Blended: Carmine

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Puerto Rican/Italian

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Blended: Richard

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What’s your ethnic background?

My mom is Peruvian and my dad is Chinese, I was born here.

Does it bother you when people ask about your ethnic background?

No, it doesn’t bother me at all. People just get confused with why I speak Spanish, then I just let them know. I usually make it simple and say I was born here, I’m American, but if they ask where my parents are from I just tell them my mom is from Peru and my dad is Chinese.

Do you visit each country often?

Not as often as I’d like to, but I was just in Peru a couple years ago. China, I need to go visit; I haven’t been to China since I was 15. I don’t really have any direct family in China. In Peru, I have a lot of family. Both my mom’s side and my dad’s side I have a lot of family down in Peru.

Did your parents meet in Peru?

My dad met my mom in Peru when he was 20 or 22, he went to Peru when he was 17 or 18 and was raised by his grandmother. Then they moved here and he was always working, particularly the upper west side [NYC] and decided to open this restaurant.

Do you identify with one side more than the other?

Not really. I just say that I’m mixed, I grew up with a lot of Asian-American kids, all or most of my friends are Chinese-American. Since I grew up with them, they’ll just consider me Chinese-American, they don’t really see the other side of me where I have to speak Spanish, that’s just mainly for work, I don’t really have to speak it outside of work, except in my home. At home, my mother spoke to me in Spanish growing up.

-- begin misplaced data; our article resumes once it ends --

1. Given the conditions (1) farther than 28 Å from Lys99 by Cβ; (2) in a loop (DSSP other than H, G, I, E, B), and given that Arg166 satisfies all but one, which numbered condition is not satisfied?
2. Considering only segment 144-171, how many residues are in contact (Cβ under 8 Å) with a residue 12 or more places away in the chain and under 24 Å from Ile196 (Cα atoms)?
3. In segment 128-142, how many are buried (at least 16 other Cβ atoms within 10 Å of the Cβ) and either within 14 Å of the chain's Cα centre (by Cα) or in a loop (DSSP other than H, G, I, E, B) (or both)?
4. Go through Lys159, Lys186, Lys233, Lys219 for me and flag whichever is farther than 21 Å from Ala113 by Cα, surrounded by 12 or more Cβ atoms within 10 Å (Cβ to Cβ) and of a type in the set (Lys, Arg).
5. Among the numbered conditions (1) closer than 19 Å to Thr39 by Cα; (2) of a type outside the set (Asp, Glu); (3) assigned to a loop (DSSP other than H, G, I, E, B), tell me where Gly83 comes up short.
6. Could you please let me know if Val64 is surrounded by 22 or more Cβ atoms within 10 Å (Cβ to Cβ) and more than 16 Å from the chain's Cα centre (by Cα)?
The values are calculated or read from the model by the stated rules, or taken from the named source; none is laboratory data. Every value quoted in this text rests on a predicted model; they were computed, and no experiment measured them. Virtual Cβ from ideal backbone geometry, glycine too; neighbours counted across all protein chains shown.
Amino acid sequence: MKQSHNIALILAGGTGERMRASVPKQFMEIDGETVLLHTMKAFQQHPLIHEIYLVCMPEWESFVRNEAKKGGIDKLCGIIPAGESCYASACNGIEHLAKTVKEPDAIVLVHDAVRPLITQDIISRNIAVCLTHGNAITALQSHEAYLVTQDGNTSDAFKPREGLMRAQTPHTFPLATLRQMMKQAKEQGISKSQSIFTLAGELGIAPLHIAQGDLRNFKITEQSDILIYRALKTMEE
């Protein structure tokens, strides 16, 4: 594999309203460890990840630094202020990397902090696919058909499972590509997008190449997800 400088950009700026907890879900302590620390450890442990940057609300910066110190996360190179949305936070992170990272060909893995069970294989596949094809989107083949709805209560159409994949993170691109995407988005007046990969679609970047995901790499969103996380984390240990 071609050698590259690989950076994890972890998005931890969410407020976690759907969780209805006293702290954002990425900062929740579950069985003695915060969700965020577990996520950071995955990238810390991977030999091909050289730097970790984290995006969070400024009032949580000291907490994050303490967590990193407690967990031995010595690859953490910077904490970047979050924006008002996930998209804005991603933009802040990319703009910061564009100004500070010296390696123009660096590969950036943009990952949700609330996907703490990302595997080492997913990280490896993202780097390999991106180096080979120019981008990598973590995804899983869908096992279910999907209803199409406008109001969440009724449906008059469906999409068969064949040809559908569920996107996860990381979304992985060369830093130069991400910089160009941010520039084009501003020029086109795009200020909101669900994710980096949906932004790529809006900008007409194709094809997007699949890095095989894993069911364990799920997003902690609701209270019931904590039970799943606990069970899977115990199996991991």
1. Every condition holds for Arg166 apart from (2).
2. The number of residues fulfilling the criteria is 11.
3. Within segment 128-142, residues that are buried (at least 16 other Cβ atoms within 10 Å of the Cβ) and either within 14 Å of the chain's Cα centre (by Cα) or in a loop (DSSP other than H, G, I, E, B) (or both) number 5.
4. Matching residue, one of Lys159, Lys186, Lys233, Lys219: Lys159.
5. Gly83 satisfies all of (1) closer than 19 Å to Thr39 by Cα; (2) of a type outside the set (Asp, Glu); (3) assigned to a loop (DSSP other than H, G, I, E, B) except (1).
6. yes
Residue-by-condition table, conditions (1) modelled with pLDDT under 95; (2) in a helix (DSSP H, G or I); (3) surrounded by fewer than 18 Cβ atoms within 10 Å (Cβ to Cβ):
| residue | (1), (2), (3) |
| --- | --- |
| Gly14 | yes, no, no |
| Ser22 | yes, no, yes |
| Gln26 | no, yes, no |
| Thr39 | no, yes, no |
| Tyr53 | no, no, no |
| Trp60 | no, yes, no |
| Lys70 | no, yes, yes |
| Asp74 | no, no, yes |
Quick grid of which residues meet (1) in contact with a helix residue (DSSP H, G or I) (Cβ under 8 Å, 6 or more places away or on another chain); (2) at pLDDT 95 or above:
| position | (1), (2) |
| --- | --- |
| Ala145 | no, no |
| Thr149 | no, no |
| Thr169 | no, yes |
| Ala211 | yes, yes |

Do you feel that one of your communities outcasted you?

Growing up in Queens there weren’t too many Peruvians. Naturally, I just stuck with whatever was more comfortable to be around, since I look Chinese/Asian I kind of just naturally wanted to hang out around other people that looked just like me. I think that’s just natural human reaction, but being outcasted, no, I never felt that way even towards the hispanic culture.

Did you ever feel like you had an identity crisis?

No, never.

Do you think there’s a struggle growing up mixed race?

Yea, because it wasn’t that common [around the 90’s], it was looked weird upon. But, its something very common nowadays. Growing up in the 90’s in Queens, it wasn’t that nice, I grew up in the very hispanic neighborhood. It was my family and another two Asian families on that block and we were just treated a little bit more differently because we didn’t look hispanic. So just growing up in that neighborhood was a little bit tough, for me, but we just adjusted and adapted. I mean, until I was 10 I grew up with hispanic kids and they weren’t that nice to me. They were kind of like, “What are you doing here on my block, you’re Chinese.” I didn’t have a nice childhood, but I adapted.

Orvieto – Patris

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This is Umberto, he works at Patris with his friend. Umberto makes lamps out of olive wood while his friend makes utensils and other cool trinkets. One of them works at the store, while the other stays at the workshop, and they switch spots every day. Umberto has been woodworking for 20 years and was a designer in NYC prior.

Blended: Gina

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What are your parent’s ethnic backgrounds?

My mother is Mexican and my father is Italian.

Can you speak any of these languages?

No.

Did you have any struggles growing up mixed race, such as any internal or external issues?